_{i}*e.g*., Hamilton 1966; Demetrius 1969). In finite populations, it may be more informative to evaluate partials of the fitness coefficients,

*i.e*.,(13)For details on calculating these partial derivatives (which are rather tedious for the variance terms), the reader is referred to the appendix.

The importance of such measures hinges on the extent of the contribution of demographic variance in determining fixation probabilities. If the demographic variance itself is negligible, as would be the case in a life history where most individuals survive up to an age where most of the reproduction occurs (with little variance in offspring output per age class or individual), then a strictly deterministic approximation based on measures of mean growth rates should correctly predict the outcome of selection dynamics. When the demographic variance is not negligible (meaning that the difference in growth rate variance between two genotypes is greater than the difference in mean growth rate by a magnitude that exceeds *N*), the importance of the variance contribution will depend on the population size. If the population size is very large (as shown in Figures 1–3⇑⇑, for *N* = 1000), the fixation or invasion probabilities are determined almost entirely by the difference in growth rate, while for small population sizes (*e.g*., *N* = 50), the variance is the principal determinant of invasion probability.

In much of the past work on selection in age-structured populations (or any other model where an intrinsic variance in offspring number is induced), the mean growth rate has been used as a measure of fitness. This has been done on the assumption of a Poisson distribution of fecundities or on the assumption that the census population number for most model organisms tends to be large. As was argued above, fecundity variances need not be Poisson, nor are the variances induced by probabilistic models of survival.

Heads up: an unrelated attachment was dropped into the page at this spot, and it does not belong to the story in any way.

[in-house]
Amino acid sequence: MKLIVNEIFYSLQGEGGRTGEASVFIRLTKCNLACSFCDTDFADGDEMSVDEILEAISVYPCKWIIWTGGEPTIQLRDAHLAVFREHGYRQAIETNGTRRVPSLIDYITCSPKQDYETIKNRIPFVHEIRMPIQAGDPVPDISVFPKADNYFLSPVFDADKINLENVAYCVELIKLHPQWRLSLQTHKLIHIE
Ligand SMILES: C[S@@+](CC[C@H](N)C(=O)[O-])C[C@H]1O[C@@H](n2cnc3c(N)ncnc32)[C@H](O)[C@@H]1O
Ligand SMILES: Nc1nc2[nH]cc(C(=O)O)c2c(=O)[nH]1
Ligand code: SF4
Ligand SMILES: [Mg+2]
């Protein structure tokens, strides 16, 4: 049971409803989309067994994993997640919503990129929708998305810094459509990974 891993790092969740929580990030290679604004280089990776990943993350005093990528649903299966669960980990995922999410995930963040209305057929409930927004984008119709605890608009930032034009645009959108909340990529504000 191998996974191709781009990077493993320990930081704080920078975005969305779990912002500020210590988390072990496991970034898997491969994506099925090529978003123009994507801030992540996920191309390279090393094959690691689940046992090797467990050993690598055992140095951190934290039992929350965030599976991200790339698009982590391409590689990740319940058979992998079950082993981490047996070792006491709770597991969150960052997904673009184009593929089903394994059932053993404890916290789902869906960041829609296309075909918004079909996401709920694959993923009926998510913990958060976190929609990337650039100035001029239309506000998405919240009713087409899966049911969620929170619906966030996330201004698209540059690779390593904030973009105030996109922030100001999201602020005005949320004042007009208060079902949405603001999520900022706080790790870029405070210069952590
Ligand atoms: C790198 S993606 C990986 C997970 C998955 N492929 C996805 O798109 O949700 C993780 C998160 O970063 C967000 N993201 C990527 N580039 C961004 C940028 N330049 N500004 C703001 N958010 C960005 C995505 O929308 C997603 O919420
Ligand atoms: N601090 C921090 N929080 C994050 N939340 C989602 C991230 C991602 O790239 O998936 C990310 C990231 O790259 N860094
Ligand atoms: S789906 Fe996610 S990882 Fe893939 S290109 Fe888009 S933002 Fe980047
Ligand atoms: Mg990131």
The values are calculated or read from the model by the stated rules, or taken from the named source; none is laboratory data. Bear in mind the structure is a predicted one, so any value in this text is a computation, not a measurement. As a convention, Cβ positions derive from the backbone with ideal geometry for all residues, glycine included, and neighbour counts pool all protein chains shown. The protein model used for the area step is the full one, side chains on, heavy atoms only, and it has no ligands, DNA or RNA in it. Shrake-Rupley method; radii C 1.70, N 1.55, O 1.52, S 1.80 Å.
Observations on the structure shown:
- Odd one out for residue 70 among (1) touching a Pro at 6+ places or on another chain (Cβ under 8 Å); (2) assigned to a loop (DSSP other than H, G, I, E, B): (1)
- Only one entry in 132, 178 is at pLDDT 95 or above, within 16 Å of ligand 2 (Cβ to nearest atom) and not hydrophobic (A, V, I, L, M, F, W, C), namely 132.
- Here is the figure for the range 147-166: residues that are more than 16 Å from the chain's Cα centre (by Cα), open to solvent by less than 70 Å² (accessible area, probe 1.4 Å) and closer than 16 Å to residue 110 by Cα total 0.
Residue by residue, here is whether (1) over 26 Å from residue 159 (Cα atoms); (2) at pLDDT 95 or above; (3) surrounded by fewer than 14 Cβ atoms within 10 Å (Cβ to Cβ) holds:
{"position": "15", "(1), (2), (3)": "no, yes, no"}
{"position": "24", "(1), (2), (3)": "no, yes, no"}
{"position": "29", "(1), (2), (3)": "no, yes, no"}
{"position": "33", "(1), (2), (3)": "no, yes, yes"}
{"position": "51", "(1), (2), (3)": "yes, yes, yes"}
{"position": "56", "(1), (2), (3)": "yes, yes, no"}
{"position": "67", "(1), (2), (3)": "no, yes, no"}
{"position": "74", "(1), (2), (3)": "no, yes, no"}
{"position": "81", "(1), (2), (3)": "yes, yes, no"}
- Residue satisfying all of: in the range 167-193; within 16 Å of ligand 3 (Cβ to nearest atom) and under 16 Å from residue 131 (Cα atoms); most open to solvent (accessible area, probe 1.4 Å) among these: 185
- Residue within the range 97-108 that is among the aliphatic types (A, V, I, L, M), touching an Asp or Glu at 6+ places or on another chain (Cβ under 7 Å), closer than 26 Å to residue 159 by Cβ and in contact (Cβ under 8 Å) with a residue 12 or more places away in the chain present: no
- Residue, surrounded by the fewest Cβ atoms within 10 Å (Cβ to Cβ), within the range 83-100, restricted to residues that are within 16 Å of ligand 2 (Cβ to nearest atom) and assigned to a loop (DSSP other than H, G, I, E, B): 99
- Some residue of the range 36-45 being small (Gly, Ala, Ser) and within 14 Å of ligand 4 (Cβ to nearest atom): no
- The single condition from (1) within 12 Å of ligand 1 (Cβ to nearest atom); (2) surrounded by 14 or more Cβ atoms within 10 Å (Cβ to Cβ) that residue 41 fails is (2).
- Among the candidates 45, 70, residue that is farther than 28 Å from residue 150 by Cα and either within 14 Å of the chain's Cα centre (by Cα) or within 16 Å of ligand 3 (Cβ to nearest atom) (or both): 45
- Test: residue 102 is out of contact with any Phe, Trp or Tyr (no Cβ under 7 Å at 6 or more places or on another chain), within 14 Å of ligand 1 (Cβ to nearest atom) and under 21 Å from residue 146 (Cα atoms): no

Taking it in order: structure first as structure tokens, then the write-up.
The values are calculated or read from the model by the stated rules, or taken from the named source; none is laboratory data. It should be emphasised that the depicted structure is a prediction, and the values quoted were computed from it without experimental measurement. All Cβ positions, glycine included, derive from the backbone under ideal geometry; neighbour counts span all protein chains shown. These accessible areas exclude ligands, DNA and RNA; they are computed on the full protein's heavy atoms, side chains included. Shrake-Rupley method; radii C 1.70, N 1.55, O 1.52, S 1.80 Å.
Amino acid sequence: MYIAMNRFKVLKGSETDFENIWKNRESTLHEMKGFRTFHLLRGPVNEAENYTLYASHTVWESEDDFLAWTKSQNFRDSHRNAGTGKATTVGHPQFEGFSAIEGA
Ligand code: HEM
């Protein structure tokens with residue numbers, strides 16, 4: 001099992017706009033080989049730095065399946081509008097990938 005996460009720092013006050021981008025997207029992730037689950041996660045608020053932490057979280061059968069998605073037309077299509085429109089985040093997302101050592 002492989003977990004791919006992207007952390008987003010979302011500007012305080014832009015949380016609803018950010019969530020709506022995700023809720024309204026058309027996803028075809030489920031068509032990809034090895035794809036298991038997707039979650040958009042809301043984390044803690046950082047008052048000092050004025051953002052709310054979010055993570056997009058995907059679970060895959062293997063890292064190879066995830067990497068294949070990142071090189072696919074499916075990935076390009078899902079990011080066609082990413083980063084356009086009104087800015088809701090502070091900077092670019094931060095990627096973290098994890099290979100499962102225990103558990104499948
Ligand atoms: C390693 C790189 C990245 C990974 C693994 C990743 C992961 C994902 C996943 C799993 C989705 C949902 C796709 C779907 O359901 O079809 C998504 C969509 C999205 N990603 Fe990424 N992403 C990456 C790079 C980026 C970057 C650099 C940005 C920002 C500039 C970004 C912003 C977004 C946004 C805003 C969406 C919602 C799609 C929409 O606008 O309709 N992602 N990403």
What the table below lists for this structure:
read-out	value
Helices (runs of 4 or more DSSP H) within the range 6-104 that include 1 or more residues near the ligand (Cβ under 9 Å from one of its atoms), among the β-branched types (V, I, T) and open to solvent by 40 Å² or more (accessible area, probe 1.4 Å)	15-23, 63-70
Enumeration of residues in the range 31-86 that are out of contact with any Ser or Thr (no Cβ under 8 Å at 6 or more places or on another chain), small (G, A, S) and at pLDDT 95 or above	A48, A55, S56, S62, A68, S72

Concerning the issue of population size, typical census numbers are in the thousands for large vertebrates and in the millions for many insects and small marine invertebrates. For such population sizes, values of Δσ^{2}/*N* of comparable order to Δ*r* are extremely unlikely, since the difference in demographic variance between genotypes of the same species tends not to be very large. In the simulation examples analyzed, extreme (and biologically unrealistic) differences in variance were induced by having 2- to 4-fold differences in survival rate compensated with equalfold differences in age class fecundities. Such matrices were chosen to illustrate the efficacy of selection against demographic variance rather than reflect biological realism.

If one assumes that the majority of mutations lead to small changes in life histories (*i.e*., somewhat greater degrees of iteroparity and semelparity rather than extreme changes), one should generally expect Δσ^{2} to be of not much greater order of magnitude than Δλ. In such a case, except when population sizes are extremely small, selection on variance is not expected to be sufficiently strong to favor the genotype with lower growth rate when there are trade-offs between mean and variance in fitness or even to notably change fixation probabilities of the favored genotype from the values of *U*(*p*) predicted by standard selection and drift equations.